Ethiopian tensions surge amidst a vacuum in leadership

ETHPrimeMinisterADDIS ABABA, Ethiopia – When Prime Minister Hailemariam Desalegn resigned from his position last month, tens of thousands of people flooded the streets of the capital singing, dancing, honking car horns and waving flags to celebrate the end of his autocratic era.

They said the page had turned on bad times in Ethiopia.

"We are free,” said Salem Gebre, 30, a street hawker who has led protests in the capital, recalling his jubilation at the time. “He has killed and oppressed many of us. We don't want him anymore and we are glad he’s gone.”

More than 1,000 people have died in protests in Ethiopia in the past three years, according to Human Rights Watch and other groups. Disputes over land that arose from urban development around Addis Ababa sparked the first demonstrations. Later, protesters added discontent over political restrictions and other human rights abuses to their grievances.

The government began releasing hundreds of political detainees to ease tensions early last month, but those moves failed to quiet the protests, prompting the prime minister to quit.

“Unrest and a political crisis have led to the loss of lives and displacement of many,” Desalegn said in a televised address to the nation on Feb. “I see my resignation as vital in the bid to carry out reforms that would lead to sustainable peace and democracy.”

Desalegn is temporarily staying on as prime minister as a caretaker capacity until lawmakers in the ruling Ethiopian People’s Revolutionary Democratic Front name a new leader. That’s expected soon.

Still, the opposition party, the Oromo Federalist Congress, wants more drastic change.

“The ruling party has lost the respect of the people and we cannot allow them to lead this country,” said Mulatu Gemechu, deputy secretary of Oromo Federalist Congress. “Ethiopians now need a government that respects their rights, not one that keeps beating and killing them.”

But analysts said deeper ethnic tensions must also be address. Ethnic Tigrayans, who are only 6 percent of the country’s 105 million population, dominate the ruling party and government. People of the Amhara and Oromo communities, which are among Ethiopia's largest ethnic groups, have long called for more participation in government and greater autonomy.

“I think the government needs to address the fundamental problem of inequitable distribution of resources nationwide,” said Nazlin Umar Rajput, a Nairobi-based political analyst and human rights advocate for minority groups across East Africa. “When a minority tribe gets all public jobs, government tenders and public land then you have to expect resistance from majority tribes.”

If the next prime minister is not from Oromia or Amhara, Rajput warned, the country could explode into full-scale civil war.

“The political crisis in this country will be harder to resolve if the next prime minister is from the Tigrayan ethnic group,” she said. “There is no way they (Oromia and Amhara citizens) will accept it.”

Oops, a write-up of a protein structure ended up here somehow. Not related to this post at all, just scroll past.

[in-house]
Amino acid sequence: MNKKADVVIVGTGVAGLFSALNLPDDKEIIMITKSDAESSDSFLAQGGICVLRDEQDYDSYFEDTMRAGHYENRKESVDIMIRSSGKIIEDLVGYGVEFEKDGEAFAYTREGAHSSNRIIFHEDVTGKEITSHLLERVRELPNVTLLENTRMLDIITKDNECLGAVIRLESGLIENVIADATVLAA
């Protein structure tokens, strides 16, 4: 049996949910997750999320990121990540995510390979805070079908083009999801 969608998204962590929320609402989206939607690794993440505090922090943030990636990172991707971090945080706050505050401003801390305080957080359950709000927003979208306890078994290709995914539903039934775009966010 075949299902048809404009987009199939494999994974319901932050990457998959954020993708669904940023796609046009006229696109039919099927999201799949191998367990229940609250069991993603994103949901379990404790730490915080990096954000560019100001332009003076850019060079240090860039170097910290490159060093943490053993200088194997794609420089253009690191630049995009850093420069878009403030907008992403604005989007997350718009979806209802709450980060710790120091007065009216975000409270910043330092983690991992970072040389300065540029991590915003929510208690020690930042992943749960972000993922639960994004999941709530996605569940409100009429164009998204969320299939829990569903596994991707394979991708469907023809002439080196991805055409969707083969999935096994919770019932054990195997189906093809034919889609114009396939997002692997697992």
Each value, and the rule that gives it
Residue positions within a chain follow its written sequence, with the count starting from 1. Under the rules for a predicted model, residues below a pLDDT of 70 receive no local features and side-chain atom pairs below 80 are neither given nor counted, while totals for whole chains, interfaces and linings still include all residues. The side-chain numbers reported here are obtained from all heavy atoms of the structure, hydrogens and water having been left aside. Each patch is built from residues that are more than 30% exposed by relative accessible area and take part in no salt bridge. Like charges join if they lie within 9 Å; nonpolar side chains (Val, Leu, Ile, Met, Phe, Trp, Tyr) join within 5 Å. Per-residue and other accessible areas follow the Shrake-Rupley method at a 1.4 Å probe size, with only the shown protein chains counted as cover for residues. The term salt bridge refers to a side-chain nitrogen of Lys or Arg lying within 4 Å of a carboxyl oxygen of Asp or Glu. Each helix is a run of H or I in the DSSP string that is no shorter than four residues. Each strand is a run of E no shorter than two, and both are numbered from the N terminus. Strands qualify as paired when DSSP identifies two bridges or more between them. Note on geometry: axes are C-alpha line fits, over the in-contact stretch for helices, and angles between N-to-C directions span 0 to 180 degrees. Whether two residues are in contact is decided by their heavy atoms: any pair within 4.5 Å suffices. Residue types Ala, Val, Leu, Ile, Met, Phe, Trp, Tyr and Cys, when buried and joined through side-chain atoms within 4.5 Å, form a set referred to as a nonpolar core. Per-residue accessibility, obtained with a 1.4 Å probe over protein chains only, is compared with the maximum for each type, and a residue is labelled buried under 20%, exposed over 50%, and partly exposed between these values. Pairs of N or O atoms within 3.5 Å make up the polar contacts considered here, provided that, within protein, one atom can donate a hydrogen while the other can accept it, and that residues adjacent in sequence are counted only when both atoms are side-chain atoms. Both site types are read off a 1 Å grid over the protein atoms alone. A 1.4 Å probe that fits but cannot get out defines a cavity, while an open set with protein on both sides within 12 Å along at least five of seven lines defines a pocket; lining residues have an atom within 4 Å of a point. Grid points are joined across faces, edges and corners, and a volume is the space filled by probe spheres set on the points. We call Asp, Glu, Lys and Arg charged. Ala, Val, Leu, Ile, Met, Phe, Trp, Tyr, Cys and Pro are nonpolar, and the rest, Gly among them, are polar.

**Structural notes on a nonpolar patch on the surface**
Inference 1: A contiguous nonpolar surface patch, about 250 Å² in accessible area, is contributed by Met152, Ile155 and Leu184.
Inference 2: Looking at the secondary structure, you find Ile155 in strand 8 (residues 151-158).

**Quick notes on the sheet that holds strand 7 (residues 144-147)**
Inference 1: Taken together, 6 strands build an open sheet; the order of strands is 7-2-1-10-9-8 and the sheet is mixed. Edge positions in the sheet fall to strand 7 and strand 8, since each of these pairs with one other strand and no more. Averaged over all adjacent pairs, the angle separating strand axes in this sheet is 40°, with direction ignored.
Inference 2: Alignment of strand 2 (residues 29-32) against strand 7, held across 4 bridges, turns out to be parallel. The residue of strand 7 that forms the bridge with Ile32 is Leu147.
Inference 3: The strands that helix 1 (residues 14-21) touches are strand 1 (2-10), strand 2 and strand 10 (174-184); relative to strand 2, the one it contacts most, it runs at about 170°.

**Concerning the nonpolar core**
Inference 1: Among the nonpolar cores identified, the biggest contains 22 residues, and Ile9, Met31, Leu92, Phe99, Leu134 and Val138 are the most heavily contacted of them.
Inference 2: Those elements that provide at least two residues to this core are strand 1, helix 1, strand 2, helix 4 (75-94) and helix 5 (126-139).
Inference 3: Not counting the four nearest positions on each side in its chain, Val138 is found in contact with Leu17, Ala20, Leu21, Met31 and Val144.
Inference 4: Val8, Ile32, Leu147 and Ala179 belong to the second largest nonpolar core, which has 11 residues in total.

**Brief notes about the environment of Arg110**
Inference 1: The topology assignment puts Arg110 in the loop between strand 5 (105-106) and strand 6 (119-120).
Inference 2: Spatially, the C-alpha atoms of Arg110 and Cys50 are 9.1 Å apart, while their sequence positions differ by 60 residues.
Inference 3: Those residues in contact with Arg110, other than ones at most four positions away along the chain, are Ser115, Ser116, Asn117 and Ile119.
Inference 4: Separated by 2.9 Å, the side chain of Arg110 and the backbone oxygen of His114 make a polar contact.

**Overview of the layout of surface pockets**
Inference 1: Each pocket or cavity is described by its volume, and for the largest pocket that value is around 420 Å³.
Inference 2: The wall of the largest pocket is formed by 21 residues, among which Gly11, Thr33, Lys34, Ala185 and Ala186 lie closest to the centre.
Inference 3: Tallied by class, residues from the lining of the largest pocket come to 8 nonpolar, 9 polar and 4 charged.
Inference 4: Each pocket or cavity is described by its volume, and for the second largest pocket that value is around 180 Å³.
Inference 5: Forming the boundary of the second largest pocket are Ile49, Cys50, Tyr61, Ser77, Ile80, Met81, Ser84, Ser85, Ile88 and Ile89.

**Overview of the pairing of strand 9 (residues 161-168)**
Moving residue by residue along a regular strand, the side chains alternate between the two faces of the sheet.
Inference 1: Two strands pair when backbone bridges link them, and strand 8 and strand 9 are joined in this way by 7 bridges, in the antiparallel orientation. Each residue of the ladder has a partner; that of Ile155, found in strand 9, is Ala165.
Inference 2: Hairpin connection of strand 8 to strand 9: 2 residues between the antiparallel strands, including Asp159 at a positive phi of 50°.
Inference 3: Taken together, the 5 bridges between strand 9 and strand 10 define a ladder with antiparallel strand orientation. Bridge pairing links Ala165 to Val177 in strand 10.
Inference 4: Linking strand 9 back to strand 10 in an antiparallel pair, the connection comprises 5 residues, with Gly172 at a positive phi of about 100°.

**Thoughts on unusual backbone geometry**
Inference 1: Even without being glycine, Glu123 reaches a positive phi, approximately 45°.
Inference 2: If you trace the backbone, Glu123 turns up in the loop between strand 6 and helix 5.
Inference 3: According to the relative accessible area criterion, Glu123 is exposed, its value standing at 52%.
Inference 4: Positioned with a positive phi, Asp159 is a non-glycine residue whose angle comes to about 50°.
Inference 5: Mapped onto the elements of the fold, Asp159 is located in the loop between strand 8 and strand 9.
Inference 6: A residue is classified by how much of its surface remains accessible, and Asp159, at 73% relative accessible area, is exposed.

Protests continue. The streets of the capital and in towns in the surrounding Oromia region are deserted. Shops and businesses are shut down.

Other developments are adding to the chaos. Ethiopian soldiers enforcing the country’s state of emergency killed at least nine civilians in what the Ethiopian military said was a botched security operation targeting militants on March 11.

According to state television, troops in the town of Moyale, in Oromia state close to the Kenyan border, acted on a “mistaken intelligence report” in an “anti-terrorist operation.”

As a result, more than 10,000 Ethiopians have crossed into Kenya seeking refuge, according to Kenyan Red Cross Society.

“The population of refugees from Ethiopia continues to increase,” Kenya Red Cross Society said in a statement this week. “They are mostly women and children."

Meanwhile, those celebrating the resignation were a bit disheartened when the day after Desalegn made his announcement, the government declared a state of emergency. In what appeared to be an attempt by hardliners to reassert control, protests and the publication of material deemed as inciting violence were banned.

"The decree allows law enforcement bodies to detain without court warrant any individual who orchestrated, led and organized as well as took part or is suspected of taking part in criminal acts against the constitution and constitutional order,” said Ethiopia’s Defense Minister Siraj Fegessa. “The individual will face justice after necessary investigation."

Still, the resignation showed some locals that people power can have an effect. And some say they will continue fighting for their freedoms.

“We are demanding for our rights,” said Gebre. “We will continue to demonstrate until the government listens to us and our demands are met. We are not going to be intimidated.”

An alternative version of this story can be found in The Washington Times. 
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